Many people try to predict the future. Few succeed.
One common mistake made in predicting the future is to simply take a current trend and extrapolate it forward, as if it was the only thing that mattered-- think, for instance, of the future described by cyberpunk fiction, with sinister (and often Japanese) multinational corporations ruling the world. Where does this vision of the future stem from?
Bad or lazy predictions from the 1980s, when sinister multinational corporations (and often Japanese ones) looked to be taking over the world.
Similar errors have been committed by writers throughout history. George Orwell thought 1984 was an accurate prediction of the future, seeing World War II as inevitably bringing socialist revolution to the United Kingdom and predicting that the revolutionary ideals would then be betrayed in England as they were in Russia. Aldous Huxley agreed with Orwell but thought that the advent of hypnosis and psychoconditioning would cause the dystopia portrayed in 1984 to evolve into that he described in Brave New World. In today's high school English classes, these books are taught as literature, as well-written stories-- the fact that the authors took their ideas seriously would come as a surprise to many high school students, and their predictions would look laughably wrong.
Were such mistakes confined solely to the realm of fiction, they would perhaps be considered amusing errors at best, reflective of the sorts of mishaps that befall unstudied predictions. Unfortunately, they are not. Purported "experts" make just the same sort of error regularly, and failed predictions of this sort often have negative consequences in reality.
For instance, in 1999 two economists published the book Dow 36,000, predicting that stocks were about to reach record levels; the authors of the book were so wrapped up in recent gains to the stock market that they assumed that such gains were in fact the new normal state of affairs, that the market hadn't corrected for this yet, and that once stocks were correctly perceived as safe investments the market would skyrocket. This not only did not happen, but the dot-com bubble burst shortly after the book was published. Anyone following the market advice from this book lost big.
In 1968, the biologist Paul R. Ehrlich, seeing disturbing trends in world population growth, wrote a book called The Population Bomb, in which he forecast (among other things) that "The battle to feed all of humanity is over. In the 1970s hundreds of millions of people will starve to death in spite of any crash programs embarked upon now." Later, Ehrlich doubled down on this prediction with claims such as "By the year 2000 the United Kingdom will be simply a small group of impoverished islands, inhabited by some 70 million hungry people ... If I were a gambler, I would take even money that England will not exist in the year 2000."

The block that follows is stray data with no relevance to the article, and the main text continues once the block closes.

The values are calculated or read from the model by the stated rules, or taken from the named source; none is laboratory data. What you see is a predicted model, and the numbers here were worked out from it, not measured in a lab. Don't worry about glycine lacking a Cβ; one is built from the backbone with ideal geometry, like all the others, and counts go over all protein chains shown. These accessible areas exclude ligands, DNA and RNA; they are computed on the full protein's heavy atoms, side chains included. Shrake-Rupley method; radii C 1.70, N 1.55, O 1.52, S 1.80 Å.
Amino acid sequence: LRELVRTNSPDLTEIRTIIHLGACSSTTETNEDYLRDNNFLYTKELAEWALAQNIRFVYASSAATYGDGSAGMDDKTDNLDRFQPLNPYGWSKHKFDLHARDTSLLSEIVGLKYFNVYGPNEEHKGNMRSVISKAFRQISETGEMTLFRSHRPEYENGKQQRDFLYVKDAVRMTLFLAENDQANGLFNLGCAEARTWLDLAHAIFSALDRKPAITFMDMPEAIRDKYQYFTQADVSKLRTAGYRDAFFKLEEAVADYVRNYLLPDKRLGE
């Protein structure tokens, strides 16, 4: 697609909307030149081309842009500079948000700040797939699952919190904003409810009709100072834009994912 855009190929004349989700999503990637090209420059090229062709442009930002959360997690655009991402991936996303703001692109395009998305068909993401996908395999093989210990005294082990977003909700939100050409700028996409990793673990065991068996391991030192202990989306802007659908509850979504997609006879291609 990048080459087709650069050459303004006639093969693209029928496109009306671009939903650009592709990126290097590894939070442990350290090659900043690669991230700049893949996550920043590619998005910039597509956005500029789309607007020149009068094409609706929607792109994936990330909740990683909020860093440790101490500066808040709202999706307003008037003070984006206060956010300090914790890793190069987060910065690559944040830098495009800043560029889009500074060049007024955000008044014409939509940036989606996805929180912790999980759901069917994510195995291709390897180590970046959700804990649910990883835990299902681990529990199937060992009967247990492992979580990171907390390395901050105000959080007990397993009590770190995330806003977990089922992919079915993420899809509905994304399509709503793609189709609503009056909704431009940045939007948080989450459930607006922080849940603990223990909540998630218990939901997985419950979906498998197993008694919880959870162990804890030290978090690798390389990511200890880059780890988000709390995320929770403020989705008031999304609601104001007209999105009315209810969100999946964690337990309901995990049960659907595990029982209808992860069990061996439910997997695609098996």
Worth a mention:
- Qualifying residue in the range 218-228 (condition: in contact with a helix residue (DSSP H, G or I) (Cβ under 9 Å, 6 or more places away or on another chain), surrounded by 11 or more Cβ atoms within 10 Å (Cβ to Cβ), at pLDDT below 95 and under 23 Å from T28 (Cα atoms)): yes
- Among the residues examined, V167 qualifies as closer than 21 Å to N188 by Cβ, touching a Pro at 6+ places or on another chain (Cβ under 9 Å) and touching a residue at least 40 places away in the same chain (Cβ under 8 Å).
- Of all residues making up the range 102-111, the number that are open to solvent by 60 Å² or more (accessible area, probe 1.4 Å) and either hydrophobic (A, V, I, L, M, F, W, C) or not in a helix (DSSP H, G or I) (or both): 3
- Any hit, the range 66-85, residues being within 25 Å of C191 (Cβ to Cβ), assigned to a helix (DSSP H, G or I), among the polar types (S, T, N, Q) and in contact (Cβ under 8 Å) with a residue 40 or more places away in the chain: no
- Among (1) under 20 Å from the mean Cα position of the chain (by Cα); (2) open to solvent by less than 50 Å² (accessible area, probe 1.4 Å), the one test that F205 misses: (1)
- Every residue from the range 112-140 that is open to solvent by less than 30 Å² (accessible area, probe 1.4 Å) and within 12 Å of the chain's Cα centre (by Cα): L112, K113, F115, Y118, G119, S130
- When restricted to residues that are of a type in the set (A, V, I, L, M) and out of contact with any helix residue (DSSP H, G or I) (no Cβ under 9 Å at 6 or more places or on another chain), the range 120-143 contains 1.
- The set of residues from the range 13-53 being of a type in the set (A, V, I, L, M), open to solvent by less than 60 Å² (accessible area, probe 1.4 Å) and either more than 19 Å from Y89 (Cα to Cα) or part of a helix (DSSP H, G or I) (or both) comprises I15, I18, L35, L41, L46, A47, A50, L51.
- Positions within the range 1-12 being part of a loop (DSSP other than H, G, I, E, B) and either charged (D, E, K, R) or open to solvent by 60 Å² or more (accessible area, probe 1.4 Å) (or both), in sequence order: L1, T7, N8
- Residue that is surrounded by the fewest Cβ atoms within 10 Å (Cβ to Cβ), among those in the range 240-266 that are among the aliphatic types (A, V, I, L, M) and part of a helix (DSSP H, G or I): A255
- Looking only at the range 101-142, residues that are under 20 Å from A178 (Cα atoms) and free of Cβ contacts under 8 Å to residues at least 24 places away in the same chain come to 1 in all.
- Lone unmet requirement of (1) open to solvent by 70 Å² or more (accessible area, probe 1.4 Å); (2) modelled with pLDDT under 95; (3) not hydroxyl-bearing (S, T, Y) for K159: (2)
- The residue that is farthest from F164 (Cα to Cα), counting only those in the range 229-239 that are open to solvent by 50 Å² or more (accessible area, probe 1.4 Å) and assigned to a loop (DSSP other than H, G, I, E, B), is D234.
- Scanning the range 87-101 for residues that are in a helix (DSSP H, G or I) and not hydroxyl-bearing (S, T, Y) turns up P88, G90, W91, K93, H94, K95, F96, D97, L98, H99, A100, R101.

Based on these predictions, Ehrlich advocated cutting off food aid to India and Egypt in favor of preserving food supplies for nations that were not "lost causes;" luckily, his policies were not adopted, as they would have resulted in mass starvation in the countries suddenly deprived of aid. Instead, food aid continued, and as population grew, food production did as well. Contrary to the increase in starvation and global death rates predicted by Ehrlich, global death rates decreased, the population increased by more than Ehrlich had predicted would lead to disaster, and the average amount of calories consumed per person increased as well.
So what, then, is the weakness that causes these analysts to make such errors?
Well, just as you can generalize from one example when evaluating others and hence fail to understand those around you, you can generalize from one trend or set of trends when making predictions and hence fail to understand the broader world. This is a special case of the classic problem where "to a man with a hammer, everything looks like a nail;" if you are very familiar with one trend, and that's all you take into account with your future forecasts, you're bound to be wrong if that trend ends up not eating the world.
On the other hand, the trend sometimes does eat the world. It's very easy to find long lists of buffoonish predictions where someone woefully understimated the impact of a new technology. Further, determining exactly when and where a trend is going to stop is quite difficult, and most people are incompetent at it, even at a professional level-- if this were easy, the stock market would look extraordinarily different!
So my advice to those who would predict the future is simple. Don't generalize from one trend or even one group of trends. Especially beware of viewing evidence that seems to support your predictions as evidence that other people's predictions must be wrong-- the notebook of rationality cares not for what "side" things are on, but rather for what is true. Even if the trend you're relying on does end up being the "next big thing," the rest of the world will have a voice as well.
 I predict that the work of Cory Doctorow and those like him will seem similarly dated a decade down the line, as the trends they're riding die down. If you're reading this during or after December 2022, please let me know what you think of this prediction.
 The authors are, of course, still employed in cushy think-tank positions.
 Ehrlich has doubled down on his statements, now claiming that he was "way too optimistic" in The Population Bomb and that the world is obviously doomed.
 I personally enjoy the Bad Opinion Generator (warning: potentially addictive)
 Technically, this isn't always true. But you should assume it is unless you have extremely good reasons to believe otherwise, and even still I would be very careful before assuming that your thing is the thing.